Security and facial recognition was our main interest when planning our project for this Makeathon. We were inspired by a documentary in which a male was convicted of murder by the police deparment in Los Angeles. The man was imprisoned for six months away from his daughter and wife. He was wrongfully convicted and this was discovered thorugh the means of a video that displayed evidence of him beign present at a LA Dodgers game at the same time of the alleged murder conviction. Thus, he was set free and this story truly impacted us from an emotional standpoint because the man had to pay a hefty price of six month prison time for no reason. This exposed us to the world of facial recognition and software that can help identify faces that are not explicitly shown. We wanted to employ software that would help identify faces based on neural networks that were preloaded.

What it does

The webcam takes a picture of the user's face, and it compares it to preloaded images of the user's face from the database. The algorithm will then draw boxes around the user's face and eyes.

How I built it

To build this project, we used a PYNQ board, a computer with an Ethernet cable, and several cables to power the PYNQ board as well as neural networks to power the technology to identify the faces (xml files), as well as Python programming to power the software. We used a microprocessor, ethernet cable, HDMI cable, and webcam to power the necessary devices for the PYNQ board. The Python programming coupled with the xml files that were trained to recognize different faces and eyes were used on a Jupyter platform to display the picture taken as well as boxes around the face and eyes.

Challenges I ran into

We faced a plethora of problems while completing this project. These range from technical gaps in knowledge to hardware malfunctions that were unexpected by the team.

The first issue we ran into was being given an SD card for the PYNQ board that was not preloaded with the required information. This meant that we had to download a PYNQ file with 1.5 GB of data from the This would hinder our process as it could lead to future difficulties so we decided to switch the SD card with one that is preloaded. This lead us to lose valuable time trying to debug the PYNQ board.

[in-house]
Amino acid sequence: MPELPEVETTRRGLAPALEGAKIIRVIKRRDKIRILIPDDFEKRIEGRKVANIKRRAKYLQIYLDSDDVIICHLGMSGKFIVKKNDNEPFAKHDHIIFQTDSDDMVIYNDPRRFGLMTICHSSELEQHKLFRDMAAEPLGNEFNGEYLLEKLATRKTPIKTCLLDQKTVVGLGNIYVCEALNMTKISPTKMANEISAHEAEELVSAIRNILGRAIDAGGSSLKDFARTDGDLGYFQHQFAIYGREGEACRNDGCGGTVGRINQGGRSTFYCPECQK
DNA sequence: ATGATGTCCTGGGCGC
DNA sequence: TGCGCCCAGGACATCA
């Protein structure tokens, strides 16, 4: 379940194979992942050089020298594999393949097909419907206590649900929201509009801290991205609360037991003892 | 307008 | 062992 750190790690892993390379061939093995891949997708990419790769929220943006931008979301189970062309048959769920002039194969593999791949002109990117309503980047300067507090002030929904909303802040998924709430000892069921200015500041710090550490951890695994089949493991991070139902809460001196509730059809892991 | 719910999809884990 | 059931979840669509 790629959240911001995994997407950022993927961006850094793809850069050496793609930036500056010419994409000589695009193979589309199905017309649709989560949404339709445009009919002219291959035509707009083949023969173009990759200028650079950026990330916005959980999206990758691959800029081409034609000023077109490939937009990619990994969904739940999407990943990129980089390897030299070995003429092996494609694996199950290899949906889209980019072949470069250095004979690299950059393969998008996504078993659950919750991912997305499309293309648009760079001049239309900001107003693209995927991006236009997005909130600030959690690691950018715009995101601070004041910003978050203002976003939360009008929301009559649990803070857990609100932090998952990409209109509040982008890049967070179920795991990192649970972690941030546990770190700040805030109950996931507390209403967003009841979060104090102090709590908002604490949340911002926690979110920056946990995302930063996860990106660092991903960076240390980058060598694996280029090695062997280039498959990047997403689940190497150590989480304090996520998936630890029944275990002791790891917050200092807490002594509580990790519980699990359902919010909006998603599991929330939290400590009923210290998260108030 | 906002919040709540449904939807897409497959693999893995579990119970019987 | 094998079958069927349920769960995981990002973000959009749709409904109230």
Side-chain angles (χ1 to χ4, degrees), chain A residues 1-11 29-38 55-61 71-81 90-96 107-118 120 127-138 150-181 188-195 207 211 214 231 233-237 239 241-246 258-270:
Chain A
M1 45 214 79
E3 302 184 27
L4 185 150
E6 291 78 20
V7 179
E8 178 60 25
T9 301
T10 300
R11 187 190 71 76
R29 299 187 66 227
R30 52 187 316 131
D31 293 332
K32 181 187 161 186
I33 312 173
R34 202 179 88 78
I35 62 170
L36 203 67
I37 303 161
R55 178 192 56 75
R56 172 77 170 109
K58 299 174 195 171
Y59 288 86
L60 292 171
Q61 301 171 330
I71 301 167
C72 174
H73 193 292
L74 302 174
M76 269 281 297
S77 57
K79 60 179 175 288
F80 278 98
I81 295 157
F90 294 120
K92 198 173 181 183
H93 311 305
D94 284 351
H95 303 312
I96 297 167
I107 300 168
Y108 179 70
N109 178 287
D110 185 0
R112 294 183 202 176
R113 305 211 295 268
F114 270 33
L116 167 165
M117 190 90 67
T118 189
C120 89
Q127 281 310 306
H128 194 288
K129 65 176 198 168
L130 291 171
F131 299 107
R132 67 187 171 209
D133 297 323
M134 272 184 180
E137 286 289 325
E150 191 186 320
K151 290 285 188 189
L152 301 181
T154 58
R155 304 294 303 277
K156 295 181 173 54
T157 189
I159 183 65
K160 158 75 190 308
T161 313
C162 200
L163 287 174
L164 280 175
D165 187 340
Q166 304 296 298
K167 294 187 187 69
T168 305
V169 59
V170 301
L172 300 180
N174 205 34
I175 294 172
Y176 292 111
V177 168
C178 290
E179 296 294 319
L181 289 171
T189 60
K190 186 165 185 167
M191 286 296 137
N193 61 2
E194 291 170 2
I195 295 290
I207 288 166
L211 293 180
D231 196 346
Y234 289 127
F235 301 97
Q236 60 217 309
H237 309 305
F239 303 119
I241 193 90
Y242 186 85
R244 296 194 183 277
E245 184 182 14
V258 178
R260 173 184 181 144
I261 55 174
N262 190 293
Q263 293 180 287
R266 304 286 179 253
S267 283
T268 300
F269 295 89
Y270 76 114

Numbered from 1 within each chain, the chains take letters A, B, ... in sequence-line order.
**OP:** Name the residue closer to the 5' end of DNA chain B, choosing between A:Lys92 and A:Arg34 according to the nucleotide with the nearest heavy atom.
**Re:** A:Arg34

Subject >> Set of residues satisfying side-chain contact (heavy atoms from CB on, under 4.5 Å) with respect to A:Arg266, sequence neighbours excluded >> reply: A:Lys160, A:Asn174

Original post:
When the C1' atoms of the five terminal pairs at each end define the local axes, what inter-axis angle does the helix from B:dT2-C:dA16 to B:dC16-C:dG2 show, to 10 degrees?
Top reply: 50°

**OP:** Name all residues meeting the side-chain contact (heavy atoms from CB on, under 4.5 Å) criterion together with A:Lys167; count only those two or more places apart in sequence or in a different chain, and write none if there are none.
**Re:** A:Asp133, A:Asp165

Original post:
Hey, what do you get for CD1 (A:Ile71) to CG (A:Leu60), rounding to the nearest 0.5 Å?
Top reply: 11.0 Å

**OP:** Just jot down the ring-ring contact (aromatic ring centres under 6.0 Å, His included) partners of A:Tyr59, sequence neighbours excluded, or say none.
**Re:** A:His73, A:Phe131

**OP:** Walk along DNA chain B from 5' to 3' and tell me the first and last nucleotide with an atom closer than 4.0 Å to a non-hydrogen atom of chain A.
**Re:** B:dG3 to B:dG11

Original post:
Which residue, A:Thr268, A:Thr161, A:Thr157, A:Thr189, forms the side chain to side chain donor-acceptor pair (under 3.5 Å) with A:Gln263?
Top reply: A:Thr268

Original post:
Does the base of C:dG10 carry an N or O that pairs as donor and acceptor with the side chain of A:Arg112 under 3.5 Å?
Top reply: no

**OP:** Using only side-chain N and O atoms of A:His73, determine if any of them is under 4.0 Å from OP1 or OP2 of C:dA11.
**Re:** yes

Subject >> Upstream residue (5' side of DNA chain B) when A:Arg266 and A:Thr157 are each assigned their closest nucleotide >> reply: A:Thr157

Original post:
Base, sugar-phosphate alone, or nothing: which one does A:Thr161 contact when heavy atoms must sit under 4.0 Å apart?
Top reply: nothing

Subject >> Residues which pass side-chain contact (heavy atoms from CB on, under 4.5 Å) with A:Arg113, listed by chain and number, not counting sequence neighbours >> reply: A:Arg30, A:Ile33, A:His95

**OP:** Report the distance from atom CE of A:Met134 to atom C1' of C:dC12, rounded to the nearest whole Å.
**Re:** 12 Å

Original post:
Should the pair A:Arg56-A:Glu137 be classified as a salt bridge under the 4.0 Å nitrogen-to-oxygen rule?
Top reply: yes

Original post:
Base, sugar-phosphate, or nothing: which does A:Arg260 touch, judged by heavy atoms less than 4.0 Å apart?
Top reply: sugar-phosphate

Another issue we had was the SD card was corrupted. This was because we unintentionally and ignorantly uploaded files to the Jupyter platform by clicking “Upload” and choosing the files from our personal computer. What we should have done was to use map networking to load the files from our personal computer to Jupyter successfully. Thus, we will be able to implement pictures for computer recognition.

Finally, the final issue we had was trying to import the face recognition API that was developed by the Massachusetts Institute of Technology. We did not know how to import the library for use, and given more time, we would explore that avenue more as this was our very first hackathon. We would export it in the PYNQ folder and not the data folder, which is a feature that was elaborated upon by the Xilinx representative.

Accomplishments that I'm proud of

Loading code and images from our computers into the PYNQ board. We were also able to link a web camera with the board while also being able to analyse the pictures taken from the web camera.

What I learned

As a team we were able to learn more about neural networks and how the PYNQ board technology could be incorporated into various areas including our intended purpose in security. To be specific, we learned how to use Jupyter and Python as tools to create these possible embedded systems and even got to explore ideas of possible machine learning.

What's next for PYNQ EYE

Our project is able to recognize users using their facial features. With that being said, there is a huge application in the security industry. In instances where employees/workers have security recognize them and their id to enter the premise of the company, this technology could prove to be useful. The automation in the security aspect of facial recognition would allow employees to show their face to a camera and be granted access to the building/premise, removing the need for extra security detail and identification that could easily be falsified, making the security of the premise much safer. Another application would be home security where the facial recognition system would be used to disable home alarms by the faces of the residents of the property. Such applications prove that this project has the potential to boost security in the workforce and at home.

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